Akron/Family | Review
Tiny insects and crustaceans blow around with occasional sharp winds only to bake in the warm and giving sun.
A couple years ago, my wife bought me what has become my favorite book ever, Alchemy & Mysticism: The Hermetic Museum by Alexander Roob. ItÂ¹s a dazzling compendium of alchemy etchings and mystical illuminated scrolls from the 1400Â¹s and on, with equally incomprehensible explanatory text. Its like FinneganÂ¹s Wake, except with pictures, it makes my head spin every time I thumb through it. Around the time I got that, I also broke down and bought the much heralded Smithsonian Anthology of American Folk Music, the old record set that convinced everyone from Bob Dylan on up that tharÂ¹s weirdness up in them thar hills. Its compiler, Harry Smith, was an ardent adherent to alchemy and particularly its hallucinatory imagery, and so the liner text and package is festooned to look like the magical document it is.
Fast forward 50 years or so, when it has once again influenced a new tide of folkies, not with just the idylls of Dock Boggs and the Charley Patton, but with itÂ¹s symbols and talismans of which it is liberally festooned. Folk music has, in many circles become Magick Music, nomenclated by the Wire and a class at UCLA as Â³New Weird America.Â² These New Weird Americans (unofficially led by Devendra Banhart, Ben Chasny of Six Organs of Admittance and guitar savant Matt Valentine) mix the raga-rust of John FaheyÂ¹s folk miasmas and a youth spent listening to New Order and/or Black Flag, resulting in some truly organic powerful music.
Akron/Family is the second great discovery by former Swans leader Michael Gira, since he was the Ed Sullivan to Devendra BanhartÂ¹s Elvis but a couple years ago (except that he wisely did not tame Banhart's feral beauty.) A hirsute pack of visionaries that escaped from somewhere in the breadbasket to the crust of New York City, where they holed up in one of that labyrinths unexplored corners and started generating majestic, mystic, folkish vibrations from a parade of instruments, field hollers and handclaps. Their self-titled album fingerpicks its way in with a clockwork of acoustic guitar and humming, on Â³Before and AfterÂ² and gets invaded by small hums and beeps until the whole thing fills up with water and you are surrender by a maze of ghost voices, collapsing once again into a tribal rumble of guitar, tambourine and racket. A delightfully odd beast to put at the front of oneÂ¹s megaerie, to be sure.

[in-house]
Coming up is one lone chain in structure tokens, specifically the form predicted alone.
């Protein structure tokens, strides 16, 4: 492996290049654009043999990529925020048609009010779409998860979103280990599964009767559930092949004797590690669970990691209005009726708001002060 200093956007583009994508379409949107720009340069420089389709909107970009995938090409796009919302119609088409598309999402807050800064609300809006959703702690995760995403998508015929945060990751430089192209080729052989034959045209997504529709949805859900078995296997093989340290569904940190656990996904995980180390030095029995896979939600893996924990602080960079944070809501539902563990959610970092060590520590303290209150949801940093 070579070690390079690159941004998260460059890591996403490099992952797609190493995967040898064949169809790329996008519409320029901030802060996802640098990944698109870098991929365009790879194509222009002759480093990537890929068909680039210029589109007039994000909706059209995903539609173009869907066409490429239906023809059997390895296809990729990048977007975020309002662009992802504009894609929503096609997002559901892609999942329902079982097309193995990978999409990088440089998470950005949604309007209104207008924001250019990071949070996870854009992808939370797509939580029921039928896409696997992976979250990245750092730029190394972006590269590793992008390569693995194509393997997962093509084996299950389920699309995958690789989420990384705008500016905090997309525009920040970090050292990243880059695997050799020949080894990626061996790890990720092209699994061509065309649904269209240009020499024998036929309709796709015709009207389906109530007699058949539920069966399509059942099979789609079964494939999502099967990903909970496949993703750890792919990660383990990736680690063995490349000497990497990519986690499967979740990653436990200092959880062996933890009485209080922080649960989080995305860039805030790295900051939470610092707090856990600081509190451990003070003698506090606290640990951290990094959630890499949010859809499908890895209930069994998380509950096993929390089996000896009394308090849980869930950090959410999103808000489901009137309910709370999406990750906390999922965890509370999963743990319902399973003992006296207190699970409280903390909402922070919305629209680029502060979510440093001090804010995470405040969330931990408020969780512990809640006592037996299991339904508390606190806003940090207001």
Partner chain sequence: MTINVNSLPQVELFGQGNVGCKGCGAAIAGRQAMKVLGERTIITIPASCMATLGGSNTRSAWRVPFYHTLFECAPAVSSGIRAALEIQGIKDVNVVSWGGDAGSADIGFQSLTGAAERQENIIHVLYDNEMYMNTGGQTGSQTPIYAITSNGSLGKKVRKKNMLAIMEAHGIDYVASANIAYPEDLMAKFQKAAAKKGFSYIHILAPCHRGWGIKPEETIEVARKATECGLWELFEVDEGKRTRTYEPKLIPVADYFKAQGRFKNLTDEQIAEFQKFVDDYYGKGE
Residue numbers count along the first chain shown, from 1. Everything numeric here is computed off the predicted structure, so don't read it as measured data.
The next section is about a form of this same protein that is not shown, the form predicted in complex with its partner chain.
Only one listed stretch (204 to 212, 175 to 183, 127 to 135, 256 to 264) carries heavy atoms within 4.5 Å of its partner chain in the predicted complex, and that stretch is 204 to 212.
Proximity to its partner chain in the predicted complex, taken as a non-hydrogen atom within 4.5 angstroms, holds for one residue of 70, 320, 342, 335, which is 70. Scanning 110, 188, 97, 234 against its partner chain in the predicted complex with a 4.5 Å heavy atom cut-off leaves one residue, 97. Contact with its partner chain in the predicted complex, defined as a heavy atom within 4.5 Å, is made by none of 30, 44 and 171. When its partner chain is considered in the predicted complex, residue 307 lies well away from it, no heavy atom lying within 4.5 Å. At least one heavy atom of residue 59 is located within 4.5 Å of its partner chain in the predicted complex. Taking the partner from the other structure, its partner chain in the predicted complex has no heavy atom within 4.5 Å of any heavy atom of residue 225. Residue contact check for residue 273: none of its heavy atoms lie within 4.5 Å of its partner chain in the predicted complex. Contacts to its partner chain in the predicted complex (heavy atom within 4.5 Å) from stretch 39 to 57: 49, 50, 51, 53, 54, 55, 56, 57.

Â³SuchnessÂ² takes the form of a philosophy utterance on blues form, declaring Â³I wanna see a thing in itself, I donÂ¹t want to think anymoreÂ² a number of times in that familiar rhythm that you expect them to next mention that They got a woman That done them wrong, but no, its becomes a cult chant about the Tao concept of the infinite. The copy that came with it mentions something about an Â³AK AKÂ² philosophy they adhere to, but I donÂ¹t get a feel for what that is on the musique concrete short Â³Interlude: Ak Ak is the Boat They sailed in On.Â² Â³Sorrow BoyÂ² puts them in more songish mode, resembling a much further out Flaming Lips of recent era. The pastoral splendor of Â³ShoesÂ² with fingersnaps, banjo plucks and slide guitar is the high point for me as it sets its picnic blanket on my mind and feeds on my consciousness.
There is much to discover from this weedy beast, rooted now in Brooklyn and aiming at the cosmos. Tiny insects and crustaceans blow around with occasional sharp winds only to bake in the warm and giving sun. There is a lot of this kind of stuff floating out there now if you lift up the rocks, and the number of releases embraces the quantity of expression over the quality at times, but this is a winner soundtrack for your next personal ritual.